   Chest X ray-Enlarged heart, pulmonary venous
    congestion
Myocarditis
                           OYGEN DELIVERY




   CARDIAC OUTPUT X ARTERIAL OXYGEN CONTENT




      Cardiac                                Arterial oxygen content
      Output


                Stroke Volume        Hemoglobin
Heart rate
                                     Oxygen Saturation
                                     Partial pressure of oxygen dissolved in plasma

                Preload
                After load
                Contractility
                Managing TN
 Increasing Oxygen supply-
Supplemental Oxygen
Improving myocardial output-altering preload, after load
  and contractility
Correct Anemia-Blood
 Decreasing oxygen demand-
Control temperature
Sedation
Reduce myocardial work and thus oxygen consumption
      Fluids in Cardiogenic Shock
   Give small volume boluses of 5-10ml/kg
   TN has myocarditis and because of this she has
    diastolic dysfunction- giving her extra fluid may
    overload her heart.
         Ionotropes/Cardiotonics
   Dopamine-Low dose increases renal and splanchnic
    blood flow, high dose increases HR and SVR.

   Dobutamine- Increases contractility, may reduce SVR,
    PVR.

   Milrinone-Inotropy and venodilation. Improve
    contractility and decrease after load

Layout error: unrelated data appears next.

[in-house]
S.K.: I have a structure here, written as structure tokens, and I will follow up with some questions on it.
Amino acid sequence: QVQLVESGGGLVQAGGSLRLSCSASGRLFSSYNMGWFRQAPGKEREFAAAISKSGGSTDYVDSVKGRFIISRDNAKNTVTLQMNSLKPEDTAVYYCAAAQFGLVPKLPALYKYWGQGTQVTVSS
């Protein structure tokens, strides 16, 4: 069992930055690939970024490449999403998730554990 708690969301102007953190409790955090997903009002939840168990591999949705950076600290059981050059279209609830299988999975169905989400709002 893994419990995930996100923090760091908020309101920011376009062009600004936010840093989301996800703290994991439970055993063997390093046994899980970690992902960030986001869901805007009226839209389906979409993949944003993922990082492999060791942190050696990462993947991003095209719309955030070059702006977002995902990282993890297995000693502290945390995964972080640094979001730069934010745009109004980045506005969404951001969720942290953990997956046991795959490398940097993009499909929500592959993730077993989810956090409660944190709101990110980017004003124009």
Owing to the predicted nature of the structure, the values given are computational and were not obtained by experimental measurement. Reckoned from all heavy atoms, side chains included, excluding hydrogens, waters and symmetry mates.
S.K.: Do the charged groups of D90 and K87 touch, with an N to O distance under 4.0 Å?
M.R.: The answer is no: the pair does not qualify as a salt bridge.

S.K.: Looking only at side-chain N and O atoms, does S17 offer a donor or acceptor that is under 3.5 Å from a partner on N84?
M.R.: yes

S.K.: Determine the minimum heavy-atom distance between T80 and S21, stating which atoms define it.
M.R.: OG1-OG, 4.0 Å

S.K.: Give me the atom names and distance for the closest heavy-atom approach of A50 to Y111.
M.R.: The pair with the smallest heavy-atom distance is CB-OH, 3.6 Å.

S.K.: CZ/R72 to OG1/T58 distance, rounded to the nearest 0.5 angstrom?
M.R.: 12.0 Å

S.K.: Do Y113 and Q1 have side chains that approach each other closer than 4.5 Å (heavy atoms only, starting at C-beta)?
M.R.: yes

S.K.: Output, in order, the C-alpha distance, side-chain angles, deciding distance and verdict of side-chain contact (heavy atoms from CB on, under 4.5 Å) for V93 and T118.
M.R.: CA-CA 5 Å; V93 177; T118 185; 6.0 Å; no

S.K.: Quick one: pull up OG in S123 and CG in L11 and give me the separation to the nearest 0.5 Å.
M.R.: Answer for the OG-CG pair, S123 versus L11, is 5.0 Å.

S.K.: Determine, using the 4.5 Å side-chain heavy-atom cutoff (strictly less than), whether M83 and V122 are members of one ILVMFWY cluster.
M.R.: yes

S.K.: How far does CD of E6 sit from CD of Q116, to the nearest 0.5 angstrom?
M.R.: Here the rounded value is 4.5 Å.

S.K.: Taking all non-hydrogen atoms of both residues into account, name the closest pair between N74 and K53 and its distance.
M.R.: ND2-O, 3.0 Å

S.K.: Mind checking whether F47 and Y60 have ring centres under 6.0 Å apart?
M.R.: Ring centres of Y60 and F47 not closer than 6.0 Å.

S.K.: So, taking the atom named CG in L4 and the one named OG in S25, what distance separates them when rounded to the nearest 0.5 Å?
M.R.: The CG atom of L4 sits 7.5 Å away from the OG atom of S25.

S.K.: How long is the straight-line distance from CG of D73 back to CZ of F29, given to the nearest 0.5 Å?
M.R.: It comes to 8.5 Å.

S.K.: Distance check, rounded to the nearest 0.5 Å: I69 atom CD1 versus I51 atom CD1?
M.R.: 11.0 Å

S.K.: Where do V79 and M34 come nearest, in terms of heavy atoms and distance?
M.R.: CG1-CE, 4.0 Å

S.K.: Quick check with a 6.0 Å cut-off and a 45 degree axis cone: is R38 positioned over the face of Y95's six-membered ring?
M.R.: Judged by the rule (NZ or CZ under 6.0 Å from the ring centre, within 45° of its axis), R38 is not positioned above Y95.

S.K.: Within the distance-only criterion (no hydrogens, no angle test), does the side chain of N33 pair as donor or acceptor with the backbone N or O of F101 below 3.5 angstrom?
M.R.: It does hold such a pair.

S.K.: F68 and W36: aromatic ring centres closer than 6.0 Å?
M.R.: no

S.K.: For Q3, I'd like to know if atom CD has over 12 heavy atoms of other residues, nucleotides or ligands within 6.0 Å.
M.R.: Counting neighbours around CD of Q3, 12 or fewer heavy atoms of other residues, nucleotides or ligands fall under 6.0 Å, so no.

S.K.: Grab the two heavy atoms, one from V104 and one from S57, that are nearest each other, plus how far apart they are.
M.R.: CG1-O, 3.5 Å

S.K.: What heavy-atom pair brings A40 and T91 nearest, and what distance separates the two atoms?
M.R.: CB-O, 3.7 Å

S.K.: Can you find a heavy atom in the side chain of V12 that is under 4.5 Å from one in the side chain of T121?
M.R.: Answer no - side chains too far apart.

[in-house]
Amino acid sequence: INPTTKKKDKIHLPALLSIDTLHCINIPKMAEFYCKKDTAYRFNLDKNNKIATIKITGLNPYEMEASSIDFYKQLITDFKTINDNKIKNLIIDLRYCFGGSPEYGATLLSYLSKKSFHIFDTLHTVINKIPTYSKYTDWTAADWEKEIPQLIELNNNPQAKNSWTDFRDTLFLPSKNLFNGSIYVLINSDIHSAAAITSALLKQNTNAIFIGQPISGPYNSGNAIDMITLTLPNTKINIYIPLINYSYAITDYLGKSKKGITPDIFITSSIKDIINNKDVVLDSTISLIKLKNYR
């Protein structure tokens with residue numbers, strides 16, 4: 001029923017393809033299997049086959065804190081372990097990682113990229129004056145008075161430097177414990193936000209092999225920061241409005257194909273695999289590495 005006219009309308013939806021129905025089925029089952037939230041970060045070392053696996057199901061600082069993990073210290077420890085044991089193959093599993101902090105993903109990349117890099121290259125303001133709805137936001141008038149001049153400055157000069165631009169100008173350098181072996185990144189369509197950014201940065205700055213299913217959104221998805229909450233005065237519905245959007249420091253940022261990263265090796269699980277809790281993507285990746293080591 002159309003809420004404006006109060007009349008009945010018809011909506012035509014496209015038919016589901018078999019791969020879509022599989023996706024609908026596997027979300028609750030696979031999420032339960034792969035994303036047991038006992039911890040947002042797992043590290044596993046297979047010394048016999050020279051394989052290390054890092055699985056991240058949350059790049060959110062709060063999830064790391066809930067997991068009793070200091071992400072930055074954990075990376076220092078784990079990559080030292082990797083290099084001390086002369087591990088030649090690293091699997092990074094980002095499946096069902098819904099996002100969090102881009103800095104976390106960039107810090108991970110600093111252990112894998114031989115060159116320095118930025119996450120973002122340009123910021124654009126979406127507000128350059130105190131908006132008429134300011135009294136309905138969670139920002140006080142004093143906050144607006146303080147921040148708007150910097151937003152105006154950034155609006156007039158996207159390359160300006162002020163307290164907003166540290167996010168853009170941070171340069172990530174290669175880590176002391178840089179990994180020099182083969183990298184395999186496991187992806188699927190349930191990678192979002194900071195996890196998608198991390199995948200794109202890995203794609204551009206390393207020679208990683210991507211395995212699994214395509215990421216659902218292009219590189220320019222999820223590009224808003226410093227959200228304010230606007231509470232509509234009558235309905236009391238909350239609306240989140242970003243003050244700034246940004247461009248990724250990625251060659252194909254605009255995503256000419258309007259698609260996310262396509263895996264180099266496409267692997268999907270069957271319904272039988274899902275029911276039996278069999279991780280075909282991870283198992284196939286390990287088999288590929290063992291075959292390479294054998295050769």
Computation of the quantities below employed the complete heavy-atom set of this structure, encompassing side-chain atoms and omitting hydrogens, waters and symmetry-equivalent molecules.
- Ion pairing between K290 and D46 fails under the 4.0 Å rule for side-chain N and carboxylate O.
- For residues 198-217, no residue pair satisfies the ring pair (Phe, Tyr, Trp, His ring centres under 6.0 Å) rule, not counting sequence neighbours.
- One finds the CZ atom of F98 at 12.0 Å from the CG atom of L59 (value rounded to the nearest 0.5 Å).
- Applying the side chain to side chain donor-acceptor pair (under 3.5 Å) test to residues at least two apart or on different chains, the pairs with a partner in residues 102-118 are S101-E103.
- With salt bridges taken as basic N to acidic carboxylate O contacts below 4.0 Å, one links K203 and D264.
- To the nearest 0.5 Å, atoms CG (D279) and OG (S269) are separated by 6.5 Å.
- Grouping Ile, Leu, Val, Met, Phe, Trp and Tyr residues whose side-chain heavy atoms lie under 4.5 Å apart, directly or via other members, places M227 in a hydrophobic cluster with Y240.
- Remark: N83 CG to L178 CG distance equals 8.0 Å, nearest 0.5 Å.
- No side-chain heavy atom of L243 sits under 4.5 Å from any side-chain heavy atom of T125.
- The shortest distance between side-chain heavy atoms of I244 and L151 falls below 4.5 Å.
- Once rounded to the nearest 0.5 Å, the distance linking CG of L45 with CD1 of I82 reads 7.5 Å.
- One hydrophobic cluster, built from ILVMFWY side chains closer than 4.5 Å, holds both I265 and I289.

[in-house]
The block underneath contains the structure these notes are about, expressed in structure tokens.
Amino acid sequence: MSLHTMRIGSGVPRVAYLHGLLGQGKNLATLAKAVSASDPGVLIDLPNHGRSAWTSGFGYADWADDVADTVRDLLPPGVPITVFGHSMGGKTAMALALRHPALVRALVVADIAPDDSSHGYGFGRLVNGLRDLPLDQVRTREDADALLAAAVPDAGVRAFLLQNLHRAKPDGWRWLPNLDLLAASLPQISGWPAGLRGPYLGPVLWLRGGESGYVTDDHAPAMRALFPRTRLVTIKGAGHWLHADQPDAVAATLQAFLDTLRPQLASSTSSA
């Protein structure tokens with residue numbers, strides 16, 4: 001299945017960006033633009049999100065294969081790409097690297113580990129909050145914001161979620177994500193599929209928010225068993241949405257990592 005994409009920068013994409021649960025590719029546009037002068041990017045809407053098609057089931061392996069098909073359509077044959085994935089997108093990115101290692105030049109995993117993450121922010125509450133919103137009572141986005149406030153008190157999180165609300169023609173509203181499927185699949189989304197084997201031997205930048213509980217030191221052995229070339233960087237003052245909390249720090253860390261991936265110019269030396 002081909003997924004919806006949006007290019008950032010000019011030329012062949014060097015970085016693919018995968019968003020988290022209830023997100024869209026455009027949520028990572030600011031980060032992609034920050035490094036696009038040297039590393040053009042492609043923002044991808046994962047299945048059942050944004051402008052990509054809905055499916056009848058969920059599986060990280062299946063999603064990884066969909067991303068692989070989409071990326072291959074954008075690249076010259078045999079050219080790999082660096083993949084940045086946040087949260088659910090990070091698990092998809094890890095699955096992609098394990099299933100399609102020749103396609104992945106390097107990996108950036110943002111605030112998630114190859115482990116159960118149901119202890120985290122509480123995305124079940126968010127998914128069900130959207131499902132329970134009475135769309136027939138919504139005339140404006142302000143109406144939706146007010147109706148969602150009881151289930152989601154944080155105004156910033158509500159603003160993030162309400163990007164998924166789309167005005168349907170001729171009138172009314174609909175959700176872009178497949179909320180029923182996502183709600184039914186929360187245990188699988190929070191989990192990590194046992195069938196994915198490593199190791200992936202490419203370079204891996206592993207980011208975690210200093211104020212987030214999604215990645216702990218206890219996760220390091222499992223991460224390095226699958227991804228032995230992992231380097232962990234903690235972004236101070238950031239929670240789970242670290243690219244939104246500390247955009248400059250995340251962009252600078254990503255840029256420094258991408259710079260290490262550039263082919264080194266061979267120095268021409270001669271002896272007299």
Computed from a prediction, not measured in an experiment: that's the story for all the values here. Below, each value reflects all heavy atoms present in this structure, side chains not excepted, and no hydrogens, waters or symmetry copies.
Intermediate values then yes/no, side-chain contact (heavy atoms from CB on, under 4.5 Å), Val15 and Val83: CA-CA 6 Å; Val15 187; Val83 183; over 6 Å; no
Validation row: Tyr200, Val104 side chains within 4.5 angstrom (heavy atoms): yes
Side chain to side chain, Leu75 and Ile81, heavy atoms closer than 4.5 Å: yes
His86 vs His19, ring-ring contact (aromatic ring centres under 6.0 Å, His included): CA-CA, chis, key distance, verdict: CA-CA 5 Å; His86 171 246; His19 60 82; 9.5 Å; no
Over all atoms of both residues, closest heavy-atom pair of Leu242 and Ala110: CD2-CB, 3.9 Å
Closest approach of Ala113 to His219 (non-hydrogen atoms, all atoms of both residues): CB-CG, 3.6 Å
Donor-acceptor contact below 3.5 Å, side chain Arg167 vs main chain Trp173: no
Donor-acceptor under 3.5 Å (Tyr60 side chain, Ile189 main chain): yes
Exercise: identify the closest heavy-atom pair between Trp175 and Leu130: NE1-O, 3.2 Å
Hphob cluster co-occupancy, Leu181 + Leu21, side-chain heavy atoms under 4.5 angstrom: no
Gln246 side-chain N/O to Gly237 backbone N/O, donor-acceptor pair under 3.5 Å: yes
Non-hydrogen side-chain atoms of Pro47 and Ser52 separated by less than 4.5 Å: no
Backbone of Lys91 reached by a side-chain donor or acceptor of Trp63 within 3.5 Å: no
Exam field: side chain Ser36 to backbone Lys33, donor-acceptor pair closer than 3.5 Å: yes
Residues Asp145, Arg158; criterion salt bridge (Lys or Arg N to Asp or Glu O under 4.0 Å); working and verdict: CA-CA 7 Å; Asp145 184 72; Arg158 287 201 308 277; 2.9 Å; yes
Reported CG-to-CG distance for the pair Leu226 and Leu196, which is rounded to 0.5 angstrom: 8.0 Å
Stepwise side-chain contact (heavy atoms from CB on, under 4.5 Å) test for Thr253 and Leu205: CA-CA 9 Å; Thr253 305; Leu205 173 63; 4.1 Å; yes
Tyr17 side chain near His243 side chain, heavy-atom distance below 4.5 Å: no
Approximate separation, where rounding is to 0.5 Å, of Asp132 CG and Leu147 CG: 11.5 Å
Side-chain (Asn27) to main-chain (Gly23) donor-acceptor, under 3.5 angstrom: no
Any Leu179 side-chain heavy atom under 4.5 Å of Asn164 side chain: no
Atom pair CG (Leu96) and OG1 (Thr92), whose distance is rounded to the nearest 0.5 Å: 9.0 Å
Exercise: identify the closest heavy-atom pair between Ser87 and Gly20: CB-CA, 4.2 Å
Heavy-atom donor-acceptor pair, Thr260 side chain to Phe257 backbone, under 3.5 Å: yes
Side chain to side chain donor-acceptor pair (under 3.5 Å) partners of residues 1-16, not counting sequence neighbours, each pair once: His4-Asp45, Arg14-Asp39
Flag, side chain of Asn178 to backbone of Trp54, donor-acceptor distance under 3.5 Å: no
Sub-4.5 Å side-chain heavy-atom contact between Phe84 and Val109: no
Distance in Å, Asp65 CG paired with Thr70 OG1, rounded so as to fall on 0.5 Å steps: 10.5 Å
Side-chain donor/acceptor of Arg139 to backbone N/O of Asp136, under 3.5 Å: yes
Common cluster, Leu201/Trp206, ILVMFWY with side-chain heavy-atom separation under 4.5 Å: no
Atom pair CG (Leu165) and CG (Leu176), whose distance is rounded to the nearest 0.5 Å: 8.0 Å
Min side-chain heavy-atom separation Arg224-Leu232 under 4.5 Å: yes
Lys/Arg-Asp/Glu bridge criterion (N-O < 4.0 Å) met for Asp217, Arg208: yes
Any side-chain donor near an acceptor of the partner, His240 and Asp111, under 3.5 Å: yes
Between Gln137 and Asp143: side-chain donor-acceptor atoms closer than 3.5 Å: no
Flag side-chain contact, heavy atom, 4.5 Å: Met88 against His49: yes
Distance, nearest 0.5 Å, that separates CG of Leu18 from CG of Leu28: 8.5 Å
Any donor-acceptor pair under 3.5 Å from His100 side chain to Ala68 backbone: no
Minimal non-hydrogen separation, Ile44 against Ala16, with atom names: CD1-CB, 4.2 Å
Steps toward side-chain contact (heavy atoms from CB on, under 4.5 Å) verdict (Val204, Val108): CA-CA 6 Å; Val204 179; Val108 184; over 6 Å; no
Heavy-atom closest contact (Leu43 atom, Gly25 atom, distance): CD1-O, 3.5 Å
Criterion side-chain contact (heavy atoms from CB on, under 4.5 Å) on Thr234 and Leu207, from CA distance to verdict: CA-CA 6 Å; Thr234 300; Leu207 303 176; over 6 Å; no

Ionotropes/ Cardiotonics
   Epinephrine- Increases HR,SVR and contractility. End
    point-adequate BP, acceptable tachycardia

   Norepinephrine-0.05-1.0mcg/kg/min. Increases SVR.



Be hesitant to use either of these drugs for TN as they
  increase myocardial oxygen consumption
          TN’s Hospital Course
   10ml/kg bolus with normal saline results in
    minimal elevation of blood pressure
   Started on Dopamine of 5mcg/kg/min and
    Milrinone 0.5 mcg/kg/min
   Stable for transport to Cardiac ICU
   Attempted intubation results in circulatory
    collapse-TN goes up on ECMO
    Other causes of Cardiogenic Shock
   Dysrhythmia
   Infection
   Metabolic
   Obstructive
   Drugs
   Congenital heart disease
   Trauma
                           Case 3
  4 year old boy RS presents with 3 day h/o fever, malaise. He has
   a past history of nephrotic syndrome.O/E-Minimally
   responsive,skin appears flushed and warm, and he has bounding
   pulses. HR-170 RR-30 BP-40 systolic, sats-88%.
 What type of shock does the patient have
Uncompensated distributive shock- Warm septic shock
 What medications could be used in the management of this
   patient?
Fluid, antibiotics, pressors, steroids
                 Septic Shock